Teresa UnRue, a Donald Trump’s campaign staffer who shared racist posts on social media during the election campaign will be joining the U.S. Department of Education.
An internal email was sent to career Education Department employees by Phil Rosenfelt, who will serve as acting secretary of the department, and Jason Botel, new White House adviser for education. It lists members of Trump’s new administration team and notes their varied backgrounds in policy, communications and finance.
UnRue worked as a graphic designer and field organizer for Trump’s South Carolina advance team. Recently, she drew attention for posting a video on her Facebook account showing a black man eating fried chicken and criticizing fellow blacks for ignorance and having too many children.
In the video, the man asks why fellow African-Americans are mad about slavery and says, “Y’all weren’t no damn slaves.” When she shared the clip, UnRue wrote, “Had me crack’n up!! Thank you! Please share this with people.”
After the Orlando gay club shooting, she shared a picture that read, “We need Islam control, not gun control.”
During Trump’s election campaign his paid staffers had no qualms about sharing hate speech against Muslims and other minorities.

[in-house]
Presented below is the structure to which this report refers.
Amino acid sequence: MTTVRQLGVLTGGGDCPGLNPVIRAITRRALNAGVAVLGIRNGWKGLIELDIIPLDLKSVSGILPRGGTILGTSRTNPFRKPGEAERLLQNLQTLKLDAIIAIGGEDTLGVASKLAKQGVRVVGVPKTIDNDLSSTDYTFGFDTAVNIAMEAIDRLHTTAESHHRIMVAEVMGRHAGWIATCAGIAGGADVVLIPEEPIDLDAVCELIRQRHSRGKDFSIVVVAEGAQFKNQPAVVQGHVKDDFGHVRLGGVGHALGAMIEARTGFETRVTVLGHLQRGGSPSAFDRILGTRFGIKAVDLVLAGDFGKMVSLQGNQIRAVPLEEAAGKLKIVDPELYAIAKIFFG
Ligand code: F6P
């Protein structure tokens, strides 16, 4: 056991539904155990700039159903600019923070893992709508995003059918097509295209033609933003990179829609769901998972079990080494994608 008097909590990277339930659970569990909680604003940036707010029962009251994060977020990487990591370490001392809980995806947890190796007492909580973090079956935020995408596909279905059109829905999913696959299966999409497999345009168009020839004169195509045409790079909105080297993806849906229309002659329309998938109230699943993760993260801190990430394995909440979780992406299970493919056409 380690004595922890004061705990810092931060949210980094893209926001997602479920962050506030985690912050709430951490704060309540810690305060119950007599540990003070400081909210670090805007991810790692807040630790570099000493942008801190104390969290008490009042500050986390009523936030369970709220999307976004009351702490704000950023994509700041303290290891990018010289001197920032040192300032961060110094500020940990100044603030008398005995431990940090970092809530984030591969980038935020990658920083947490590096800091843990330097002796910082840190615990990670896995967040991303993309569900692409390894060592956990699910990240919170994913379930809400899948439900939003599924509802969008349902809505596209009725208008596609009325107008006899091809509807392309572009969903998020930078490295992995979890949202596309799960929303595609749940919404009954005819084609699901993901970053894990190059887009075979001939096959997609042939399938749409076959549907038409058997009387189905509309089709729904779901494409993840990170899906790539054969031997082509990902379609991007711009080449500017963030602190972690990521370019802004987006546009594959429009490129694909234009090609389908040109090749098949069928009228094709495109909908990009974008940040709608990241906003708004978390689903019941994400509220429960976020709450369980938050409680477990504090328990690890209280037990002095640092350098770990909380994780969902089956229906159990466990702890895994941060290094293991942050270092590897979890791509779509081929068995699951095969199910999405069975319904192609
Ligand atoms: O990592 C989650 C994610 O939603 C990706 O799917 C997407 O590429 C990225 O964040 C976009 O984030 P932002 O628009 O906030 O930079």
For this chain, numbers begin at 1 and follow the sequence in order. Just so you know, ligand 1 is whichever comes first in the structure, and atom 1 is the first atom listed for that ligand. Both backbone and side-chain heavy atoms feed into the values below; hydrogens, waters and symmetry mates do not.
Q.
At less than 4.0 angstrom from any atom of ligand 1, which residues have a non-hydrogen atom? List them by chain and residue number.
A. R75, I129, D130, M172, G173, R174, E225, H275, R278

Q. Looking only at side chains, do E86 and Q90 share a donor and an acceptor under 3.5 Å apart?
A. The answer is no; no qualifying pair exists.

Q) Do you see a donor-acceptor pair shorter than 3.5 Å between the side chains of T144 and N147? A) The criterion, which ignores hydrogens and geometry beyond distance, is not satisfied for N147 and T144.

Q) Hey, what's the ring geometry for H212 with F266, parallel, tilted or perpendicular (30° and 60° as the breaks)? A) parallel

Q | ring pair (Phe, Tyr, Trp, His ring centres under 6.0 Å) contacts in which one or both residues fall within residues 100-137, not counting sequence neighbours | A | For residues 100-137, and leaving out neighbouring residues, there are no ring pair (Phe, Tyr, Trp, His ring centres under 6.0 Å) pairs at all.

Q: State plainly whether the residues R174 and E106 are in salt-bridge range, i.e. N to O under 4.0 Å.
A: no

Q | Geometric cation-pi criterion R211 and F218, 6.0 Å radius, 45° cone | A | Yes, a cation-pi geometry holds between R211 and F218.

As promised during the election campaign, immediately after assuming office Trump signed two executive orders on immigration and border security. The border security measure instructs the homeland security secretary to take steps to immediately plan, design and construct a physical wall along the southern border in order to achieve complete operational control of the southern border.
The executive order on immigration includes a temporary ban on most refugees and a suspension of visas for citizens of Syria and six other Middle Eastern and African countries.
Americans' response to the executive orders was immediate.
We are not even one week in to the new administration and already face a wholly unnecessary diplomatic crisis with neighbor #Mexico.— Eric Farnsworth (@ericfarns) January 27, 2017
Banner and thumbnail credit: Reuters, Joshua Roberts